Most research into the market opportunities for small farmers in developing countries is actually not used by those farmers in their efforts to influence policy in their country.
For this reason, the international programme Empowering Smallholder Farmers in Markets (ESFIM) experimented with an alternative, collaborative research set-up: National farmers' organisations in eleven developing countries were given the opportunity to determine the thematic focus of the research so that it fit in with their advocacy strategies.
This resulted in research on themes such as the role of cooperatives in the innovation policy in Uruguay, small farmers and electronic trade in the Philippines, and legal and fiscal regulations for economic farmers' organisations in Bolivia. LEI was responsible for the coordination of this five-year research programme, which was carried out in cooperation with CIRAD (French Agricultural Research Centre for International Development), the Natural Resources Institute (NRI) of the University of Greenwich, and local researchers and consultants.
Monitoring advocacy capacities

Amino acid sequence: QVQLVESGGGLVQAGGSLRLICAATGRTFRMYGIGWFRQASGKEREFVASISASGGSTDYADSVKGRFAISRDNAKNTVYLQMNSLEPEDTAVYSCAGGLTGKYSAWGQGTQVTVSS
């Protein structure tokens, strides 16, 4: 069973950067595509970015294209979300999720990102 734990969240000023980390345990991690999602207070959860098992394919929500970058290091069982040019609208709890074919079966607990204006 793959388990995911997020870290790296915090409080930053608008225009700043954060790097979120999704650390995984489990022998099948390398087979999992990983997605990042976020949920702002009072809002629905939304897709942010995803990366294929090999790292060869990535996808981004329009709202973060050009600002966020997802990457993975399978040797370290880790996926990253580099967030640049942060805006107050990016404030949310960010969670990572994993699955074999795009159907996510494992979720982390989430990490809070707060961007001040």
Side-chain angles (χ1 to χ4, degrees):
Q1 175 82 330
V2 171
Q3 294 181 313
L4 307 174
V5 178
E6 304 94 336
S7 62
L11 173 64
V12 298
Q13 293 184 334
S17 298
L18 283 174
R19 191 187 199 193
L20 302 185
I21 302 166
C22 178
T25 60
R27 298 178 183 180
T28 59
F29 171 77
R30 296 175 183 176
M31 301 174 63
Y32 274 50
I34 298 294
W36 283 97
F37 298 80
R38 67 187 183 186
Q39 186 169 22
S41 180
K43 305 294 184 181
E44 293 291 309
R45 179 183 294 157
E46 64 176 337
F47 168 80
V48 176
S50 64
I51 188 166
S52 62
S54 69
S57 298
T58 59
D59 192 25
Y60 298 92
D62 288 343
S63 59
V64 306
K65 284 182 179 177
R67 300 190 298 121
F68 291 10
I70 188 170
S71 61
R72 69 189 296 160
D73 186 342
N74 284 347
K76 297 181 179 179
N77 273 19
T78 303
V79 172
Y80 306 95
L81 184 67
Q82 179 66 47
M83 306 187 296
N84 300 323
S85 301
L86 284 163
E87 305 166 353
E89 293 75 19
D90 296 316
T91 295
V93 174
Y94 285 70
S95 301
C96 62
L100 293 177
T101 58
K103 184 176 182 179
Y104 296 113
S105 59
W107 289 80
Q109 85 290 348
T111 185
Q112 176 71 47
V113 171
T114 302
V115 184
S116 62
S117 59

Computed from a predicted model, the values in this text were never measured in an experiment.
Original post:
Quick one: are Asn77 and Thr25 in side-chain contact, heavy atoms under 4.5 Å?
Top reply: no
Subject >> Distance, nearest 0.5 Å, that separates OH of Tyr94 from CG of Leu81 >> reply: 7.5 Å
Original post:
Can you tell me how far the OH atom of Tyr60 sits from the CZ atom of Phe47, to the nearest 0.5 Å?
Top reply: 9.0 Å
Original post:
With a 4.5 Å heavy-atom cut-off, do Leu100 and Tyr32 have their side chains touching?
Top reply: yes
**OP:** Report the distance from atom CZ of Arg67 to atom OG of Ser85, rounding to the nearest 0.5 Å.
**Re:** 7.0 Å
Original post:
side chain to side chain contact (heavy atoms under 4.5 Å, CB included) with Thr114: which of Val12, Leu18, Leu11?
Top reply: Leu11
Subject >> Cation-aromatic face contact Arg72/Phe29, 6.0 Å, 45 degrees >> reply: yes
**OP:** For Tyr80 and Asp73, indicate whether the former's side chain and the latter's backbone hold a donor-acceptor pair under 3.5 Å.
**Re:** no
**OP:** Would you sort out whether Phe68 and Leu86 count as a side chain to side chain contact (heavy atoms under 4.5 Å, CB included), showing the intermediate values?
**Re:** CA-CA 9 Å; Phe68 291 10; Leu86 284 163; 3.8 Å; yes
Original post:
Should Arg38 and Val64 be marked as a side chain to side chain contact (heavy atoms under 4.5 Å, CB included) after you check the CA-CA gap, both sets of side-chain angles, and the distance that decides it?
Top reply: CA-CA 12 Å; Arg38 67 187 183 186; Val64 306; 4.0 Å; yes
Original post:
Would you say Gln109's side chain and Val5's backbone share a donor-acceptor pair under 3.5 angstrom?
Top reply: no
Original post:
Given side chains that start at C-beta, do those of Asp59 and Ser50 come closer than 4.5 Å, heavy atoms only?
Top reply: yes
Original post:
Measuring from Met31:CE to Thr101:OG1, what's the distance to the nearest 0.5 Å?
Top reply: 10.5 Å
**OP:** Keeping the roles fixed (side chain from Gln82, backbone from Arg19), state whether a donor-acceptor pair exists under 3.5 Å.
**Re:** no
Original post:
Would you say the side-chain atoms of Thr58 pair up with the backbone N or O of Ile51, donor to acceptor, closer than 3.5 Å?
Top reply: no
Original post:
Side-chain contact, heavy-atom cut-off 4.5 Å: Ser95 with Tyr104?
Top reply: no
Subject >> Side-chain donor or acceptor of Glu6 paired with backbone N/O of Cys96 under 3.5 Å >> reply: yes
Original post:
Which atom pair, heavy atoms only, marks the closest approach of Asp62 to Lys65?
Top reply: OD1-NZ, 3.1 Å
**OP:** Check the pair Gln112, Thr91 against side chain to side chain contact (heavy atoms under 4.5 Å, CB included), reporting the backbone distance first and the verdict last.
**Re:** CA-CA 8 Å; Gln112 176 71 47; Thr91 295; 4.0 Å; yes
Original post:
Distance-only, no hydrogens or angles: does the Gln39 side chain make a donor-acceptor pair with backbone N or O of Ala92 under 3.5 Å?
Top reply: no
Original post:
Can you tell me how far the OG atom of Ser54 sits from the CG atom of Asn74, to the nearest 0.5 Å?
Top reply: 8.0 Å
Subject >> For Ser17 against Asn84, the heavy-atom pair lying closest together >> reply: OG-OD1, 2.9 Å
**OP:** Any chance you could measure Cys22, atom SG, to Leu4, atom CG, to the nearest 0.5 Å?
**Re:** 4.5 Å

On the basis of these experiences, ESFIM has published a book and a peer-reviewed article in the professional journal Food Security. The article looks at whether this new research set-up has genuinely strengthened the advocacy capacities of farmers' organisations. In order to underpin the findings, they used a method whereby the board of the national farmer organisations carried out a self-evaluation based on the five core capabilities needed for their advocacy capacity. It seems clear that the ESFIM supported studies and activities have contributed, though not to the same degree in all regions. Often, other factors and actors had an important influence. In addition, many lobby processes build on activities in the past, meaning that the results cannot be attributed only to ESFIM.